Review: “Psycho Hose Beast From Outer Space” [Spoiler-Free]

Purchase “Psycho Hose Beast From Outer Space” on Amazon in paperback or Kindle format.

I recently had the pleasure to read and review the newest book from Canadian author, C.D. Gallant-King, a writer whose take on horror, sci-fi, and humor (all rolled into one) now has me keenly interested in checking out his prior publications. He is, without a doubt, a geek after my own heart, and it shines through in his writing.

Gale Harbour Book One

“Psycho Hose Beast From Outer Space” is the first entry in what is set to be the “Gale Harbour” series, named for the fictional Newfoundland town in which our story takes place. I say ‘fictional’, but Gallant-King describes the town in such a way as to bring quite a clear picture to the reader’s mind. Growing up in an Atlantic Canadian town myself, I found it quite easy to imagine Gale Harbour as a real place, which gave a sense of realism to the quite extraordinary, out-of-this-world story that takes place there.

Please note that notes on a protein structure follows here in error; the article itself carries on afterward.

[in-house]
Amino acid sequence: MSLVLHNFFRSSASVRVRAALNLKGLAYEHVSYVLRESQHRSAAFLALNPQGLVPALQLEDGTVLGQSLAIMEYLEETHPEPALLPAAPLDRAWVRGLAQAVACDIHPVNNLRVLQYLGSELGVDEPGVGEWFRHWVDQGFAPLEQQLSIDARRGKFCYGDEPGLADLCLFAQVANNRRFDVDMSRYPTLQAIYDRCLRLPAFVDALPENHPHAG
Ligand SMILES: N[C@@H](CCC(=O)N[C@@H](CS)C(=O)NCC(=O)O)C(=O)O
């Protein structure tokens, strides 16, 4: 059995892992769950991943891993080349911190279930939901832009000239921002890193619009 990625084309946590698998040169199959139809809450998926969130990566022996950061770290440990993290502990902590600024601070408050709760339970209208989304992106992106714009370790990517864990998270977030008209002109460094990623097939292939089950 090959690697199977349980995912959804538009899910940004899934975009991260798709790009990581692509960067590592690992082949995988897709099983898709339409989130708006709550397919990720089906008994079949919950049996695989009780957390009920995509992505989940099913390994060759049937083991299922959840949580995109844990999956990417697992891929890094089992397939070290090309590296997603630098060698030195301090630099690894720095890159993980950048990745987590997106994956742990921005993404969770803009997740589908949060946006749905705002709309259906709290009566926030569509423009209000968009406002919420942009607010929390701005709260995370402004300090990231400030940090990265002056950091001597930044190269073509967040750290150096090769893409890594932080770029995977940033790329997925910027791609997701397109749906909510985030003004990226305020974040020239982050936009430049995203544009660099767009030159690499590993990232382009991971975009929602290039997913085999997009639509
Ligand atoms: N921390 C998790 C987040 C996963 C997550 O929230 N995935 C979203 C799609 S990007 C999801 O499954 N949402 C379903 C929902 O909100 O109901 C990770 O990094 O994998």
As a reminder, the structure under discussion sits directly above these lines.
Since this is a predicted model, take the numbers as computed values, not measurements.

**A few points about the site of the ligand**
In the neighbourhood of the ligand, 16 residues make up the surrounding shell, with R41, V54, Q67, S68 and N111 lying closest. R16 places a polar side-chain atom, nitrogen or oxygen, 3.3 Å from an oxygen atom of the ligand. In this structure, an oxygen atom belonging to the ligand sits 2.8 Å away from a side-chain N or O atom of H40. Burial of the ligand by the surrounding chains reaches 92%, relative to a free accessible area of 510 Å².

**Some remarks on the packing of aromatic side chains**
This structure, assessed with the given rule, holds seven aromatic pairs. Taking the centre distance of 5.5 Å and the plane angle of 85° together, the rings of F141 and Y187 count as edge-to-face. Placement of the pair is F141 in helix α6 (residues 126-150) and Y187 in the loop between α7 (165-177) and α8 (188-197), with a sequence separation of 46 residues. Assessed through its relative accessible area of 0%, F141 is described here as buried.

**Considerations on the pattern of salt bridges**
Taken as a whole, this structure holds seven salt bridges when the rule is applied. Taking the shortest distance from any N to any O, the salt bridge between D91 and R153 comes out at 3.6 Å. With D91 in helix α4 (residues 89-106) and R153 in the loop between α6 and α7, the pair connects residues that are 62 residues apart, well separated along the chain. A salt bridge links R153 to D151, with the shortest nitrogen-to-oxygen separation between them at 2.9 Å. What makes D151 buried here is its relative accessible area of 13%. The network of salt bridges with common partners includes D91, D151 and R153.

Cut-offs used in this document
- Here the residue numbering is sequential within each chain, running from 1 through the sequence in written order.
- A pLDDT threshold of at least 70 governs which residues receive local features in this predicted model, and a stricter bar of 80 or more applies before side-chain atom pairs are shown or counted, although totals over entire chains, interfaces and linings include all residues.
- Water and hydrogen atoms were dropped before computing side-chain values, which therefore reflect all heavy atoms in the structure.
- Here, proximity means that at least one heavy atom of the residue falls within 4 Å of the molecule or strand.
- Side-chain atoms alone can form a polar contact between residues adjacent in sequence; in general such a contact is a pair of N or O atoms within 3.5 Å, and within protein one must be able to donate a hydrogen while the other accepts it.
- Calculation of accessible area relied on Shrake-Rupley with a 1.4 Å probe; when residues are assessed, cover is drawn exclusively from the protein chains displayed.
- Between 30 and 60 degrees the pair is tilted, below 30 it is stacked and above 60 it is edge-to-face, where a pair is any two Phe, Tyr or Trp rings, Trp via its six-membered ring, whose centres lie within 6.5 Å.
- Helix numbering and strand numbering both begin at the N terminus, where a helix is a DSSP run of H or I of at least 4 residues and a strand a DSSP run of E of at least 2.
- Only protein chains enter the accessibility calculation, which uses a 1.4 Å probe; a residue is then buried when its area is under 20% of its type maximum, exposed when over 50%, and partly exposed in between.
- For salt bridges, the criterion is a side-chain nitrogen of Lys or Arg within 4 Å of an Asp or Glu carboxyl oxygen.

The story is also set in the early 1990’s, and Gallant-King does an excellent job of regularly reminding us of this fact. Reference to early 90’s video games, movies, and pop culture are woven into the plot, as well as accurate portrayals of everyday life in that decade (e.g. video rental stores are still a thing, and none of the characters own a cell phone).

Jumping Between Generations

If asked who the main protagonist of “Psycho Hose-Beast” is, I would be tempted to choose 12-year-old Niall, but the narrative moves regularly between multiple different characters as necessary to create the type of story Gallant-King is trying to tell. In one chapter we will follow Niall, his best friend Pius, and Pius’s cousin Harper, while in the next we will be focused on Harper’s ‘game and fisheries ranger’ father, or local police sergeant, Tanguay. The jumps work well to allow sharing information with the reader as required to progress the story, and are done in a way that isn’t jarring or annoying.